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Could Psychedelics Be Used for Neurogenesis?

Neurogenesis begins with a process called differentiation where unspecialized stem cells form into different types of nerve cells. These differentiated cells then travel to the correct brain area in a process called migration.

Originally scientists thought nerve cells only divided into new cells during fetal development. However, since finding stem cells in the adult brain, adult neurogenesis has become of scientific interest.

Neurogenesis in a brain area called the hippocampus plays a big role in learning, memory, and mood.

Scientists believe adult neurogenesis in a brain area called the hippocampus plays a big role in learning, memory, and mood. As such, cognitive diseases in which learning and memory are impaired, such as Alzheimer’s Disease, could be linked to decreased hippocampal neurogenesis.

In addition, as patients with depression often show reduced brain volume in the hippocampus, depression may also be linked to decreased hippocampal neurogenesis.

There is a wealth of ongoing research to find ways of increasing neurogenesis in the brain. By doing so, scientists could help reverse the loss of nerve cells associated with cognitive disorders and depression. It could also provide a solution to treating traumatic brain injury and stroke, where significant amounts of nerve cells are lost.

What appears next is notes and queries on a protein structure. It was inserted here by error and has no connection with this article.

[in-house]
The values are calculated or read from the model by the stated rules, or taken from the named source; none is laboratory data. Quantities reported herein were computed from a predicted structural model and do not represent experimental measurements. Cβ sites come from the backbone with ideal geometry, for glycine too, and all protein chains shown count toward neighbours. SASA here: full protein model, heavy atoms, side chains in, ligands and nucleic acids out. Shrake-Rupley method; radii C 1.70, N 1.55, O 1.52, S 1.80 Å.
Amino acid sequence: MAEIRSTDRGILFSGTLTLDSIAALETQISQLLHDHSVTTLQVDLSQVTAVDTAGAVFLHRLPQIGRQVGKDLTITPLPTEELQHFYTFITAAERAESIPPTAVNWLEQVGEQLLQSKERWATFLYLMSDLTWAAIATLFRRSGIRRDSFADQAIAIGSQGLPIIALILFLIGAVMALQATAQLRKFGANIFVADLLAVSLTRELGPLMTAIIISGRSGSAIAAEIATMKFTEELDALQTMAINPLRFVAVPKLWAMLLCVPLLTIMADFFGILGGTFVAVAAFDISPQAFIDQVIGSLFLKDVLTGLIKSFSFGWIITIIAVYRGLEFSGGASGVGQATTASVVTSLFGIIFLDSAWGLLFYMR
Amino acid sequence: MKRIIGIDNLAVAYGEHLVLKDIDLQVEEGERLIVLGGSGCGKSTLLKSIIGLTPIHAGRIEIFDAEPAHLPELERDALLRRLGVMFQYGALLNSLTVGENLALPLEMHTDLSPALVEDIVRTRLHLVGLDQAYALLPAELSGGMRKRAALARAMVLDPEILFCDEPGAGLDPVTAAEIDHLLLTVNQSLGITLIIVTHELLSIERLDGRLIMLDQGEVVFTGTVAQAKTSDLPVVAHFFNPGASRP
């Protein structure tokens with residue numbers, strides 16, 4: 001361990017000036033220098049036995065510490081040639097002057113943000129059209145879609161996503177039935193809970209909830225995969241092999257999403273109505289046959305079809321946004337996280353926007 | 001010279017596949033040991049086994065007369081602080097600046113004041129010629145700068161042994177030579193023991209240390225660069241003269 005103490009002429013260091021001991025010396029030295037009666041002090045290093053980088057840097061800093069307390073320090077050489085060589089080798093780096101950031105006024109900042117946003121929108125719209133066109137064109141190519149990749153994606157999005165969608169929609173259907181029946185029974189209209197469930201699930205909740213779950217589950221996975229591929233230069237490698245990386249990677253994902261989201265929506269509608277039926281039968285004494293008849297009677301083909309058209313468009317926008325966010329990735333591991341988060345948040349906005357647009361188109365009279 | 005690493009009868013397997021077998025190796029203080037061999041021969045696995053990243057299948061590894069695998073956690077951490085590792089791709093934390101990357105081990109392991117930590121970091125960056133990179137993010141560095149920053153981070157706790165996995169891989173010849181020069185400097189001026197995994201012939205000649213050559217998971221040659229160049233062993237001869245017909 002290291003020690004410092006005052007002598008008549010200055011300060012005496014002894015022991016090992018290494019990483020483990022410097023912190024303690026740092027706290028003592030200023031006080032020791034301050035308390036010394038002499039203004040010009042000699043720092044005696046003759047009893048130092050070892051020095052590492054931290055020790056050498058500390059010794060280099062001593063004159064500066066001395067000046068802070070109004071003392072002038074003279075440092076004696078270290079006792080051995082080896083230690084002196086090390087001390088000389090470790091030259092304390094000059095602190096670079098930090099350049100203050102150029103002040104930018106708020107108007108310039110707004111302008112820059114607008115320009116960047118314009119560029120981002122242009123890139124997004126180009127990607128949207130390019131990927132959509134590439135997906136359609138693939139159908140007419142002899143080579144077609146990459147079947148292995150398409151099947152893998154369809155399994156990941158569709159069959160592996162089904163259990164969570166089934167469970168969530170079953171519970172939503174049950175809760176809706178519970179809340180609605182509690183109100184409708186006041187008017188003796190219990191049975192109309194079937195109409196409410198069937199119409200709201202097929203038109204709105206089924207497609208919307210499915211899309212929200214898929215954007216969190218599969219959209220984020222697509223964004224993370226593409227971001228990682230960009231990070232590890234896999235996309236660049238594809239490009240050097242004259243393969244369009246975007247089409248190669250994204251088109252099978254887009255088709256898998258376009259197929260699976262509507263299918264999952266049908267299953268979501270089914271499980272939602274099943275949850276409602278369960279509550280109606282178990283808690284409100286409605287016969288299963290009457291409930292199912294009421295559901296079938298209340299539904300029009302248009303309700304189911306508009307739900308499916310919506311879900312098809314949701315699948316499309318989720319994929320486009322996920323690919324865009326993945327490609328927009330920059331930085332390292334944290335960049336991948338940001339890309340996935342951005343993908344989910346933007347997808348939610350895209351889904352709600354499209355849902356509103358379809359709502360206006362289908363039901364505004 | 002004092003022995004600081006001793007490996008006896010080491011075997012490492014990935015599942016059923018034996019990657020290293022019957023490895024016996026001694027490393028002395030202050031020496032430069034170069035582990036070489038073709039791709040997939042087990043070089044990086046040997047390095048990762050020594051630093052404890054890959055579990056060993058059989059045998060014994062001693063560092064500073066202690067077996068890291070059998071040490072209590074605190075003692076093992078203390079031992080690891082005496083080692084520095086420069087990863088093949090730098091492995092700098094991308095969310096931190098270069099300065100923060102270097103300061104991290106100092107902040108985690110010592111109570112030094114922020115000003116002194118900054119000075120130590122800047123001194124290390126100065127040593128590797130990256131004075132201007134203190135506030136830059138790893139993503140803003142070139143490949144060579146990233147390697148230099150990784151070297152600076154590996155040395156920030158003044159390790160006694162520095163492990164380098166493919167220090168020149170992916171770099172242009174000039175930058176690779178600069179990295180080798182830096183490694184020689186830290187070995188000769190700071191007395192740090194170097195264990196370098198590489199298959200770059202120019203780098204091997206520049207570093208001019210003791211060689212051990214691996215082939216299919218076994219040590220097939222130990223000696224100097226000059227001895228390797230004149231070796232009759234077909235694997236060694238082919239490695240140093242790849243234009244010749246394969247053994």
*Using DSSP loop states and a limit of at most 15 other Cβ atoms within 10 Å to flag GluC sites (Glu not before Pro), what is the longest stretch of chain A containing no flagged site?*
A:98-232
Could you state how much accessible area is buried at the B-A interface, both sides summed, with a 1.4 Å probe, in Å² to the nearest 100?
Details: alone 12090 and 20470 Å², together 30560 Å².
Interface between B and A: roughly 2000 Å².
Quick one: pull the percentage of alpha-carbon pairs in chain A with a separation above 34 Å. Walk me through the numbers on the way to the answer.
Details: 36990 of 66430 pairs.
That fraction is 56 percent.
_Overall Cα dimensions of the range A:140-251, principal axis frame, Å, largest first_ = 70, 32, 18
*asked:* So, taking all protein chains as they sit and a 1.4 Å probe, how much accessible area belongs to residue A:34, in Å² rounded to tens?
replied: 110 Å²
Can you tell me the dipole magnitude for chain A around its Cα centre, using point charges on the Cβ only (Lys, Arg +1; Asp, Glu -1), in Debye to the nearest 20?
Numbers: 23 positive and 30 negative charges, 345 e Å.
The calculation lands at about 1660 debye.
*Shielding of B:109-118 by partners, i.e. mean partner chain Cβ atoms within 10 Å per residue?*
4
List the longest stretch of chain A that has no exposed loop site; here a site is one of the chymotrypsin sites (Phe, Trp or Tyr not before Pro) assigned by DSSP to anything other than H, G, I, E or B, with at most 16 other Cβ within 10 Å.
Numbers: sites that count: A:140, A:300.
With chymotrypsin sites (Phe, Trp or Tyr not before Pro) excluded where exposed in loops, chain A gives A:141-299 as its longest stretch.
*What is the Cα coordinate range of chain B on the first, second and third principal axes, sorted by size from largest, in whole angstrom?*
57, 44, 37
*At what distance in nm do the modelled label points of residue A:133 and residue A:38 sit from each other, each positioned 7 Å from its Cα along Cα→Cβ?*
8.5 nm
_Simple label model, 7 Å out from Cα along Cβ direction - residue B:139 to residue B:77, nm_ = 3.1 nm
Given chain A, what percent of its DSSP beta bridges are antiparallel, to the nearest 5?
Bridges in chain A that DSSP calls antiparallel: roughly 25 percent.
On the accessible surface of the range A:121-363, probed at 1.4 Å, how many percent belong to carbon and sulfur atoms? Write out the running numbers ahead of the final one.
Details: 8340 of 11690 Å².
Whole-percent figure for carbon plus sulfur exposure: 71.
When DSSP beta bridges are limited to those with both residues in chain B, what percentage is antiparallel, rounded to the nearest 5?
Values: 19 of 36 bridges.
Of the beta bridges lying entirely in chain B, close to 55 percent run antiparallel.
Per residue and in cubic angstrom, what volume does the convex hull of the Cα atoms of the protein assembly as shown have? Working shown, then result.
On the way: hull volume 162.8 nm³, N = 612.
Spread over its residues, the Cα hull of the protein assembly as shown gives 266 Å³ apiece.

Could Psychedelics Boost Neurogenesis?

Over the recent years, more research showing the therapeutic potentials of psychedelics has come to light. So far, scientific evidence has highlighted the usefulness of psychedelics in treating:


The mechanism by which psychedelics have therapeutic effects is still unclear. However, evidence suggests that psychedelics increase neural plasticity, which is the ability of nerve cell networks in the brain to grow and reorganize.

Neurogenesis helps improve plasticity by providing the brain with new cells to form connections. As such, neurogenesis may partly explain why psychedelics can have therapeutic effects.

We will discuss some of the evidence which supports psychedelics and neurogenesis below.


An experiment showed that giving healthy volunteers LSD increased levels of brain-derived neurotrophic factor (BDNF) in patients’ blood plasma. BDNF is a small protein molecule that helps support neurogenesis, as well as maintenance of nerve cell survival.

DMT / Ayahuasca

Using specialized fluorescent staining techniques, scientists conducted an experiment determining the effect of the psychedelic DMT on mice hippocampus. The researchers showed that DMT rapidly increased the number of neural stem cells, increased their differentiation into different nerve cell types, and increased the migration of the newly differentiated cells.

Unlike LSD and psilocybin, DMT has a strong interaction with the sigma-1 receptor in the brain. Researchers in the experiment showed they could reverse the effects of DMT on neurogenesis by blocking the sigma-1 receptor, indicating that sigma-1 likely mediates DMT-induced neurogenesis in the hippocampus.